Hong Kong is known for many amazing things. There are Hong Kong martial arts films, lavish skyscrapers and exquisite Taoist and Buddhist temples, veiled in plumes and curtains of incense and burning joss sticks. And let us not forget the amazing milk tea. But this is not just any milk tea. We are talking about Hong Kong-style milk tea!
Hong Kong cityscape
The origins of this beverage go back to Hong Kong’s time under British Imperial rule as a colony and trading port. As more British officials moved to Hong Kong, they brought with them many of their customs. One in particular was afternoon tea. Still a practice today in not just Britain, but other countries as well, the practice took root in Hong Kong, also. Generally, afternoon tea would consist of black tea with milk and sugar.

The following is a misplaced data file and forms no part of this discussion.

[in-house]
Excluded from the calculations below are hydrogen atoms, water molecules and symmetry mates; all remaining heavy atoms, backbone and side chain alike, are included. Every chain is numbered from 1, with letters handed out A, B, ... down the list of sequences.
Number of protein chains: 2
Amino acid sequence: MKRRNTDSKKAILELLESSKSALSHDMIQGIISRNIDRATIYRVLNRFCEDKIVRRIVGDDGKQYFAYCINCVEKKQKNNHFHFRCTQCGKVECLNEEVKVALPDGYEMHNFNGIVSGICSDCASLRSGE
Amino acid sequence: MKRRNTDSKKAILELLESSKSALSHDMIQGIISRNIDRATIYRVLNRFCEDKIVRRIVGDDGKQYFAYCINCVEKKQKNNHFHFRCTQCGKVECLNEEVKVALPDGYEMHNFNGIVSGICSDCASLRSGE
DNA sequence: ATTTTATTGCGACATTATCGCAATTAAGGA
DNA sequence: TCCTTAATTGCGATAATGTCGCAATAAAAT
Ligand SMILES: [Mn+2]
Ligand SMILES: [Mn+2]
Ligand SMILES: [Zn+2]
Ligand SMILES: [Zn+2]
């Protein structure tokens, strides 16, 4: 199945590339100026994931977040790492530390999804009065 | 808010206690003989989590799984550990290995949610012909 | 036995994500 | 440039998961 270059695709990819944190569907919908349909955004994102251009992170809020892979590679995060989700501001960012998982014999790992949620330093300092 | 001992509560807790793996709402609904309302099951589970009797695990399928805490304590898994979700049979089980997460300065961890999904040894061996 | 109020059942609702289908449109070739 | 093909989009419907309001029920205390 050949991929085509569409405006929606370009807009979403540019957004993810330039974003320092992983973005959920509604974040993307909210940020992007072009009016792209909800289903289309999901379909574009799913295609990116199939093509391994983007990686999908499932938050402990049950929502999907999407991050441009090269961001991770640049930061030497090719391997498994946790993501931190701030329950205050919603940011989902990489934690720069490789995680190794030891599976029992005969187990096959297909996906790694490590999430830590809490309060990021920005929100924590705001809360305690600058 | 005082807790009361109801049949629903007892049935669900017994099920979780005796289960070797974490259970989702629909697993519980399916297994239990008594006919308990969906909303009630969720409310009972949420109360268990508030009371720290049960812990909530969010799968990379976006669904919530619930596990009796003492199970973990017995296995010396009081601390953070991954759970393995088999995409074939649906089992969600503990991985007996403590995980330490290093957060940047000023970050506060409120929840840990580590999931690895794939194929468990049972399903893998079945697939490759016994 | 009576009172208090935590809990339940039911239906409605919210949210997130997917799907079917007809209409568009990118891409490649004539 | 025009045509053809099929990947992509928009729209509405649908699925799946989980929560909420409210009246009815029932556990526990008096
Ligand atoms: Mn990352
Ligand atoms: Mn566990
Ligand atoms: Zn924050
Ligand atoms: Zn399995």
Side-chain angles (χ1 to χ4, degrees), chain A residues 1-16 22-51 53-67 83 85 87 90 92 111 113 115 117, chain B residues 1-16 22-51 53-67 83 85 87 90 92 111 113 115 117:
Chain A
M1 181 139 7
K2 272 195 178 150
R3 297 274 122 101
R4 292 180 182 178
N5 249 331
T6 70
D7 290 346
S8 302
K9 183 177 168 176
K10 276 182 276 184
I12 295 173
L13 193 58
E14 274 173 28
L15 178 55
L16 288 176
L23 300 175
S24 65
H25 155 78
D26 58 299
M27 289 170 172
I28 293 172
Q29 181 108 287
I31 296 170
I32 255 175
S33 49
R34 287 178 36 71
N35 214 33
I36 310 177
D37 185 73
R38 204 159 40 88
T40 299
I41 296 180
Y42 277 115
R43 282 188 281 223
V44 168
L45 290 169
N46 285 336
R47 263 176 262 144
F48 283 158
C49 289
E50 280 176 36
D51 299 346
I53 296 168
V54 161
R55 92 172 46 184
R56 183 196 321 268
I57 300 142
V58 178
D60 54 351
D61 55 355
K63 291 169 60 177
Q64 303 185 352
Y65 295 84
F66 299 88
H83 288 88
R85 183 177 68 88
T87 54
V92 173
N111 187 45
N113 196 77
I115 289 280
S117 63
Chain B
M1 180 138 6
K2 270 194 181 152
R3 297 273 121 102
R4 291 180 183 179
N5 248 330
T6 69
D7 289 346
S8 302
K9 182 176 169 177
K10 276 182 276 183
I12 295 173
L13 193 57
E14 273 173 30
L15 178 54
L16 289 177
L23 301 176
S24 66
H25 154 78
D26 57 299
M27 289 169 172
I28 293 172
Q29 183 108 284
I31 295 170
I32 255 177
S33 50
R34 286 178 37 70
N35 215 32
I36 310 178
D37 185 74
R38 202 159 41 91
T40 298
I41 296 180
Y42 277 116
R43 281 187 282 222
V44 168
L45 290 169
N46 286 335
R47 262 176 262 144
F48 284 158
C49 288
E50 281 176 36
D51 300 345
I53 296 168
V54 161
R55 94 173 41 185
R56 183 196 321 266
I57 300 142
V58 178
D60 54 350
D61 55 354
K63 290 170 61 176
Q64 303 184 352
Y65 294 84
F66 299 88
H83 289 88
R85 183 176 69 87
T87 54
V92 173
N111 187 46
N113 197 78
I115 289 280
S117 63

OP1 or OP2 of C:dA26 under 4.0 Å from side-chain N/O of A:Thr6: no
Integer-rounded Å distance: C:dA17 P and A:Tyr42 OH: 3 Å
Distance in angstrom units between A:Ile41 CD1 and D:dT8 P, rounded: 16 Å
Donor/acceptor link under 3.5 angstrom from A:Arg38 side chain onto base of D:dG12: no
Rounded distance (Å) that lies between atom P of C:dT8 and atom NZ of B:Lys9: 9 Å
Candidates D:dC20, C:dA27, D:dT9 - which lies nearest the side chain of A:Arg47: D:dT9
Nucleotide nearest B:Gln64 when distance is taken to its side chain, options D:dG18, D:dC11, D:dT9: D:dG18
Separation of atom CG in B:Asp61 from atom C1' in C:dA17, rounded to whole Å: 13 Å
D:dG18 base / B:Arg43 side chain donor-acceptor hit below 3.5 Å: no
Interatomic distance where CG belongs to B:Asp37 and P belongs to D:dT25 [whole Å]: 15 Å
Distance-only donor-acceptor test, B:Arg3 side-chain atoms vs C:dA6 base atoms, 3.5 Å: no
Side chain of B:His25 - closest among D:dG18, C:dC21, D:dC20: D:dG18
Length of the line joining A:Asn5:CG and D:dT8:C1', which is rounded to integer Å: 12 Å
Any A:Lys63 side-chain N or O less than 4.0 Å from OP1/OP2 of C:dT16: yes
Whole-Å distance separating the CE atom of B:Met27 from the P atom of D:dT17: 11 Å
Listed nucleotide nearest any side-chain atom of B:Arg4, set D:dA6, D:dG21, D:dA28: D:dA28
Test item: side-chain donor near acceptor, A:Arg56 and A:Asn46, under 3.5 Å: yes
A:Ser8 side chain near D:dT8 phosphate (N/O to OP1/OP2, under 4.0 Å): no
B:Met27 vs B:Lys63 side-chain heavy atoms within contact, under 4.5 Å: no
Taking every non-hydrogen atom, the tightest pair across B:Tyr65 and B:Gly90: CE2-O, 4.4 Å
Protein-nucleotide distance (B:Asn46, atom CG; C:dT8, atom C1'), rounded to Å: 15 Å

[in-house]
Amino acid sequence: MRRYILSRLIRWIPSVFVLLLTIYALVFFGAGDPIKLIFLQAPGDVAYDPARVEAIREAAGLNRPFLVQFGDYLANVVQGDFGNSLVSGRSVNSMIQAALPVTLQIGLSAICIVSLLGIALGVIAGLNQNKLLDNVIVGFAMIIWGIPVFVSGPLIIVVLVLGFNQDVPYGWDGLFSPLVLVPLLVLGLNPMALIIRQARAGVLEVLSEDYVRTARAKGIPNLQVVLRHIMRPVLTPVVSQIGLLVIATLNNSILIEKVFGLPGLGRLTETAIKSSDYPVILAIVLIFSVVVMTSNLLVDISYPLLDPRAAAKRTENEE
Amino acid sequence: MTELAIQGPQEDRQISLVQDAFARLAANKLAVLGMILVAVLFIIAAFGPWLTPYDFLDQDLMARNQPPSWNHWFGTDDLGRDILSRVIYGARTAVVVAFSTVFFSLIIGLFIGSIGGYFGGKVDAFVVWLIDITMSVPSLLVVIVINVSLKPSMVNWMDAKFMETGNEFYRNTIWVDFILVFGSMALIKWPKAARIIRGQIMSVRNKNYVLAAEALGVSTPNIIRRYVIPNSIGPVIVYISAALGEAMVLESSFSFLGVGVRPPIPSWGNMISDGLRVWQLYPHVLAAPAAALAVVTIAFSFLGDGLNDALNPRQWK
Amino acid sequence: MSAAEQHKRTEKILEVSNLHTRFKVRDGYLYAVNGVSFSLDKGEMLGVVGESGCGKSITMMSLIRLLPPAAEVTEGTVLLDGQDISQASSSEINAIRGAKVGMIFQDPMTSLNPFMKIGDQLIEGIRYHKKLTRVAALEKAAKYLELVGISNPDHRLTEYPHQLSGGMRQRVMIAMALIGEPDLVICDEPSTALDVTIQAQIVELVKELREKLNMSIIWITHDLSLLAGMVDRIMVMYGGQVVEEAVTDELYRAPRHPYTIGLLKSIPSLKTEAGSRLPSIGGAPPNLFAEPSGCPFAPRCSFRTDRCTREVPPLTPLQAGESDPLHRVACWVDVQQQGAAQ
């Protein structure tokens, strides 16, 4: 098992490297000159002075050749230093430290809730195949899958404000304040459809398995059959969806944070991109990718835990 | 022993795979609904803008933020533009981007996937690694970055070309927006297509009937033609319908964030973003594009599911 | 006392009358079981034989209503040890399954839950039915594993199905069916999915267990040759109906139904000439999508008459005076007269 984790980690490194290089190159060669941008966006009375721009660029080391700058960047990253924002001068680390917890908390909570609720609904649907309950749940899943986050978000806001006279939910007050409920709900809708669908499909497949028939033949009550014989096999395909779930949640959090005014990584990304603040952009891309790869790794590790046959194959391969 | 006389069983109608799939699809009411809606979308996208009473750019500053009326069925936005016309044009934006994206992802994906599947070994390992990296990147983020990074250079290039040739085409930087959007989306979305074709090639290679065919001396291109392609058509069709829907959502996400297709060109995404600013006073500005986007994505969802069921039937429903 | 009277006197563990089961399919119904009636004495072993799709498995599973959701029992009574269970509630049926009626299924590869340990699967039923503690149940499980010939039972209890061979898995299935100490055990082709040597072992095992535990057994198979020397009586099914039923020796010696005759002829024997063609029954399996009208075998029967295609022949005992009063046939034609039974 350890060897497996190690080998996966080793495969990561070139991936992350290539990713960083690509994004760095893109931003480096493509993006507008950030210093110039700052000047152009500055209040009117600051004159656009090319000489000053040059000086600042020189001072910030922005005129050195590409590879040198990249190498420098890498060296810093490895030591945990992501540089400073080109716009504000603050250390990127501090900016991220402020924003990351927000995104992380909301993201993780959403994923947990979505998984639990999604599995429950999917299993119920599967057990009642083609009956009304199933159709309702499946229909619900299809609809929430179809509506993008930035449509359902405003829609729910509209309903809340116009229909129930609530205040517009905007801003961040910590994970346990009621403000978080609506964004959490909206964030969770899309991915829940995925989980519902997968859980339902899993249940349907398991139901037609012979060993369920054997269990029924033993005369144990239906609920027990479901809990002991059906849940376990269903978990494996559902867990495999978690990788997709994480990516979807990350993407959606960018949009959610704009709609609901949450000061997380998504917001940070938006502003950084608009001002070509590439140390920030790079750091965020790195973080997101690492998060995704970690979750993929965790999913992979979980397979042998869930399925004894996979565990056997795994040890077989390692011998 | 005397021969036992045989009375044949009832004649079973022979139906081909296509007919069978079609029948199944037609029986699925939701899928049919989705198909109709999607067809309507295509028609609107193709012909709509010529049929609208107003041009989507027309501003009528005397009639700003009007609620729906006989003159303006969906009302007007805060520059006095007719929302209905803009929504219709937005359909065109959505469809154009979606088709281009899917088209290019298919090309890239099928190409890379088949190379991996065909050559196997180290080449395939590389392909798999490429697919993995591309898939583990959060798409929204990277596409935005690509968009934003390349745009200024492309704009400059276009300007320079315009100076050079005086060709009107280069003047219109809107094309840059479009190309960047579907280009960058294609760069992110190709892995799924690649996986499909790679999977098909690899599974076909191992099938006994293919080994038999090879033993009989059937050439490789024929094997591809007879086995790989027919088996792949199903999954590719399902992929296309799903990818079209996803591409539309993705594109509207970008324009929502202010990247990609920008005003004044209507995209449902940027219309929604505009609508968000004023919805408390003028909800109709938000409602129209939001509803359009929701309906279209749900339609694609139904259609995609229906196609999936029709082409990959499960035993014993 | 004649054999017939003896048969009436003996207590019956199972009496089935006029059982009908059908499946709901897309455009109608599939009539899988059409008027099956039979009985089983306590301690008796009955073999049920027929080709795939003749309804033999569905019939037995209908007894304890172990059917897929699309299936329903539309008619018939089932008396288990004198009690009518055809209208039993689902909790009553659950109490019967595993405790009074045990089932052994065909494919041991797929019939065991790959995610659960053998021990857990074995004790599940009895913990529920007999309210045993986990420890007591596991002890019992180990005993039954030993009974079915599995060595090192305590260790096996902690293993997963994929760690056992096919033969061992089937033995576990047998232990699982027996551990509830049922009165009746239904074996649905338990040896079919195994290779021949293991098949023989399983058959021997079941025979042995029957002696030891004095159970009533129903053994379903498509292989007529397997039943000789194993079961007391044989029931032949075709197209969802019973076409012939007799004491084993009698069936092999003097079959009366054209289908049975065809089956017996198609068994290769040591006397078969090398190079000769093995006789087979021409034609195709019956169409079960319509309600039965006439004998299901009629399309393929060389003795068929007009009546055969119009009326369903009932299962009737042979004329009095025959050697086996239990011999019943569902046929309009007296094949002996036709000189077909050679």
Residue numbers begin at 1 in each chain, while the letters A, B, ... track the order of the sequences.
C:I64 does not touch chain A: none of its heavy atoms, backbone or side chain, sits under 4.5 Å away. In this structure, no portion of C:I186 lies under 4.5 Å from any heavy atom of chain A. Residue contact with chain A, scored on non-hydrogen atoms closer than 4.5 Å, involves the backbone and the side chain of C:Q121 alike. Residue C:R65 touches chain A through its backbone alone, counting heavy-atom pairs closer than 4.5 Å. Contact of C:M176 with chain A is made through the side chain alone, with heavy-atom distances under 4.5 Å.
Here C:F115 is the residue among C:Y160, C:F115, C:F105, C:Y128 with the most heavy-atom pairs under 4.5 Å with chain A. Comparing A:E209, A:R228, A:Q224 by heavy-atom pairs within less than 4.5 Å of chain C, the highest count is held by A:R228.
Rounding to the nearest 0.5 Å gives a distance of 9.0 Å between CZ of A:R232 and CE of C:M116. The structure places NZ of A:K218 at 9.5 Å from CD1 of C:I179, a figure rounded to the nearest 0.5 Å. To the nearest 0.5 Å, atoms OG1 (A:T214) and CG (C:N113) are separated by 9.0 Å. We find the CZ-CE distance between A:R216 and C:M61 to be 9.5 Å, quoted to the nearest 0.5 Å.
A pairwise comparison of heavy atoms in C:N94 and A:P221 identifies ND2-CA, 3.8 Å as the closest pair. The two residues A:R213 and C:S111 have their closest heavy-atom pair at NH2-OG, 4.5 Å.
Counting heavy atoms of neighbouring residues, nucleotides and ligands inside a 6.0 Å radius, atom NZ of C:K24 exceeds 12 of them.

Traditional English afternoon tea
In the 50’s and 60’s the drink became popular among laborers and working class people, who nicknamed it “pantyhose tea” or “silk stocking tea” due to the filter for the leaves resembling a silk stocking. Today, Hong Kong-style milk tea is served at Hong Kong style restaurants and establishments all over the world as well as the tea restaurants and open air markets in Hong Kong. It is so popular and beloved on the island that it is listed as a piece of Intangible Cultural Heritage of Hong Kong.
Milk Tea Today and Why It Shines
Over time, the practice of British afternoon tea was adopted by people all over the island. But with the variation of using not regular run of the mill milk, but condensed milk or evaporated milk instead. What are condensed and evaporated milk? Condensed milk is the result of removing the water from milk. The end product is a thick, white, syrupy and sweet substance that one can buy in cans. It doesn’t need to be refrigerated unless you open that can up, and it can be stored for years at a time. Those who have tried the Vietnamese cà phê đá may have noticed the thick, amazingly sweet milk-like liquid at the bottom. Yup, that is condensed milk!